Case 1: A 70-year old female with type 2 diabetes mellitus and a 1.5 cm tumor in the sigmoid colon.
Options for Wild-Type Patients in CRC
Michael Morse, MD:This is a 70-year-old woman with type 2 diabetes. She’s otherwise in good health and has a very good performance status, PS0. She has liver and lung metastasis. Molecular testing shows that this was RAS wild-type, including KRAS and NRAS, also BRAF wild-type and microsatellite stable. She initiated therapy with FOLFIRI plus cetuximab. This is very reasonable as there are several options for first-line therapy, including chemotherapy such as FOLFOX or FOLFIRI and then a biologic, either an antiangiogenic agent such as bevacizumab or an anti-EGFR agent such as cetuximab or panitumumab in a RAS wild-type patient.
This was a very reasonable choice for first-line therapy as there are several options. First we choose the chemotherapy. There’s FOLFOX or FOLFIRI, although some patients even receive a single agent. Generally, we choose the chemotherapy based on patients’ comorbidities, or their hobbies, or interests. Some patients may not want the toxicity of oxaliplatin, for example, with the neuropathy. Other patients may be concerned about hair loss or excessive diarrhea that may occur with irinotecan. Then we choose the biologic; bevacizumab as an antiangiogenic drug or one of the EGFR-targeted therapies such as cetuximab or panitumumab. Again, this is partially patient choice as the EGFR-targeted therapies cause a rash which can persist throughout the therapy, although it definitely improves over time.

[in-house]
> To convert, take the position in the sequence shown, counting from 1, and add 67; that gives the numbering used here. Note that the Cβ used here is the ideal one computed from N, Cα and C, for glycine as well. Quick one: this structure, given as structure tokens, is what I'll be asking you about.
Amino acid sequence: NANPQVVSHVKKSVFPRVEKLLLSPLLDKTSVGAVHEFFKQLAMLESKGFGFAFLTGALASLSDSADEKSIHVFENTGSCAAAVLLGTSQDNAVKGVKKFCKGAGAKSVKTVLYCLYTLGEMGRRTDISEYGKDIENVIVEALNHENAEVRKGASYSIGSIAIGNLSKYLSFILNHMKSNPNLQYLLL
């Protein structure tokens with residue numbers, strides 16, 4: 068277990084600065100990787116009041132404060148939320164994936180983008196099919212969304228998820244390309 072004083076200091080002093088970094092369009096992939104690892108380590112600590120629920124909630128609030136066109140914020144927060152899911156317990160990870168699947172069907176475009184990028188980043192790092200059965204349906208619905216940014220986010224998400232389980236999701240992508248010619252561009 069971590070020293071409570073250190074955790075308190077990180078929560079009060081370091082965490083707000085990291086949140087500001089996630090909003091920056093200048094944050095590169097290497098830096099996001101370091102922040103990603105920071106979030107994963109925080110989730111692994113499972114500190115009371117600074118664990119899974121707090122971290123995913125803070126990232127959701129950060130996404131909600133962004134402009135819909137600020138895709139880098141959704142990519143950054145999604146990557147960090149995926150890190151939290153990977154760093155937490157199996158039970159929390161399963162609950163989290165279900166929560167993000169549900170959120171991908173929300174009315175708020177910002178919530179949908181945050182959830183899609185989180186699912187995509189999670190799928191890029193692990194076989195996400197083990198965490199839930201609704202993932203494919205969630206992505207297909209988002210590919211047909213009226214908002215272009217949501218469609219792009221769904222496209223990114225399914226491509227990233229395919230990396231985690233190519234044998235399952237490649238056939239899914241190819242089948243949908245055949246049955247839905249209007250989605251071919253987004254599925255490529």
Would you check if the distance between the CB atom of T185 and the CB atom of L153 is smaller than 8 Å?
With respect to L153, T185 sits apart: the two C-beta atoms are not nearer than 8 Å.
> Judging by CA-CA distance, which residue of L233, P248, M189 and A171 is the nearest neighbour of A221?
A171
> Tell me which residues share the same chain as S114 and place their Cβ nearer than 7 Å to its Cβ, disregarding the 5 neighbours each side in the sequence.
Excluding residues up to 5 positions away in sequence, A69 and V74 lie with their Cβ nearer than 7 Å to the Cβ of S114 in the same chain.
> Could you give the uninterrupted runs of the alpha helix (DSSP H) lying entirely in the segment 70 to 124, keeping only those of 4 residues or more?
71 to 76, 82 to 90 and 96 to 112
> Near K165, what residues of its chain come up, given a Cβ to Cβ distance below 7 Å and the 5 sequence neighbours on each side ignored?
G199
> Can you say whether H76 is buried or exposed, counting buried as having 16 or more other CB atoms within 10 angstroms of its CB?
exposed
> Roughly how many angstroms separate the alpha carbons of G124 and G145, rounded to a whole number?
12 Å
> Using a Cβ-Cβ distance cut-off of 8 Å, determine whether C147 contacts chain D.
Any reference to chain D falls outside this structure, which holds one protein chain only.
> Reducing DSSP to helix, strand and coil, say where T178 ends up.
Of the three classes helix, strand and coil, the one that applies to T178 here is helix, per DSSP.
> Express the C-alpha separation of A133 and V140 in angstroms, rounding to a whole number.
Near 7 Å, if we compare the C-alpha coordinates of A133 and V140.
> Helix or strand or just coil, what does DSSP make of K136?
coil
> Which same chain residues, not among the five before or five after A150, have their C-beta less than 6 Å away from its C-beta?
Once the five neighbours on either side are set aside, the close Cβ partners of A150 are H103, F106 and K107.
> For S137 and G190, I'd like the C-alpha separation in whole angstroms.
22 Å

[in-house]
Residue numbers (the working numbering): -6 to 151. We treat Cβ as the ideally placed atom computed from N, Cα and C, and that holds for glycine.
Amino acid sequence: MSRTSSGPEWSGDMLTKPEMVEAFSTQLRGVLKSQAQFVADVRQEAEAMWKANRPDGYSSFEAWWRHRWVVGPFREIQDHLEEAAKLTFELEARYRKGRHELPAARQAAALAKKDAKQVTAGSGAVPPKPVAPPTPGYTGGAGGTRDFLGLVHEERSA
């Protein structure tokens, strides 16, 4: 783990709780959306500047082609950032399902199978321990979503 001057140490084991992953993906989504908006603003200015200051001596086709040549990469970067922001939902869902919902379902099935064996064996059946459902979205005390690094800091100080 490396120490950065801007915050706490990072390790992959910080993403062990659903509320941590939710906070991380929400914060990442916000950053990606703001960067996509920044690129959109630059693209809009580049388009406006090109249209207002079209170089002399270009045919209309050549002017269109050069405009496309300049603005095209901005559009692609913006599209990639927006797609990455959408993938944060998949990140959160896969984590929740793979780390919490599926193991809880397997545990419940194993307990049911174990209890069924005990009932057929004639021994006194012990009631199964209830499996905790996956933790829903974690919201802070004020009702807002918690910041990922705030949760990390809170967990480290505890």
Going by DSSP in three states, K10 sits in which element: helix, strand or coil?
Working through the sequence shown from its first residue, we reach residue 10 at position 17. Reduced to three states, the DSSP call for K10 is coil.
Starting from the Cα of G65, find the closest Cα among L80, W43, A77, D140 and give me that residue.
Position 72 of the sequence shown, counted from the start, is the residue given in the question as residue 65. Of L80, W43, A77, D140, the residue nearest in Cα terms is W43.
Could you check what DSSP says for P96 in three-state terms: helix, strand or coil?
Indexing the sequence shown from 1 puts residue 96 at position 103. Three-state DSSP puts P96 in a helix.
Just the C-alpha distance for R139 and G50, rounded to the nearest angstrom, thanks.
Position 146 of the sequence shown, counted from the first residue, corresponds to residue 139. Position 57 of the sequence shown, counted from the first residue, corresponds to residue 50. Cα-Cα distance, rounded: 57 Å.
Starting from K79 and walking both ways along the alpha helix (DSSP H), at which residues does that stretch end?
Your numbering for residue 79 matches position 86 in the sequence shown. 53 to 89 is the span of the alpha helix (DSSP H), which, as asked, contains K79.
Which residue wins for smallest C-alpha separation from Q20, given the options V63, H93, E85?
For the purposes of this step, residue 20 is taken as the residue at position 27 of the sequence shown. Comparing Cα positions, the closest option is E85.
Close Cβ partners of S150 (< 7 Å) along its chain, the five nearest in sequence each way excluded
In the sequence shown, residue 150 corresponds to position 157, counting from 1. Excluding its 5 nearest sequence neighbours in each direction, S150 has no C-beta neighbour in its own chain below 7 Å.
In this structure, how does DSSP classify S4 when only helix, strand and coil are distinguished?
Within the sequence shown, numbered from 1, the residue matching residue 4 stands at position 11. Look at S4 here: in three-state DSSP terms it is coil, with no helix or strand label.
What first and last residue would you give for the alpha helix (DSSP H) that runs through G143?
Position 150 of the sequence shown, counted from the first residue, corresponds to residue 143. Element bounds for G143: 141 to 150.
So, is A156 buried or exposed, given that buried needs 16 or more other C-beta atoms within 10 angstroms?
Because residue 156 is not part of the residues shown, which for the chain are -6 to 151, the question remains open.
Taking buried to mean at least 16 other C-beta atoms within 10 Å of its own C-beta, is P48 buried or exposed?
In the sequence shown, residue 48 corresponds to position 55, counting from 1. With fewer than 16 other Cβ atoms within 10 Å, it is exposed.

Assuming this patient has already had the standard chemotherapies such as a fluoropyrimidine, and oxaliplatin, and irinotecan and has also had the biologic agents such as bevacizumab and since they’re RAS wild-type, and EGFR-targeted therapy such as cetuximab or panitumumab, there are two main options for therapy trifluridine plus tipiracil which was previously called TAS-102 and regorafenib.
Case Scenario 1: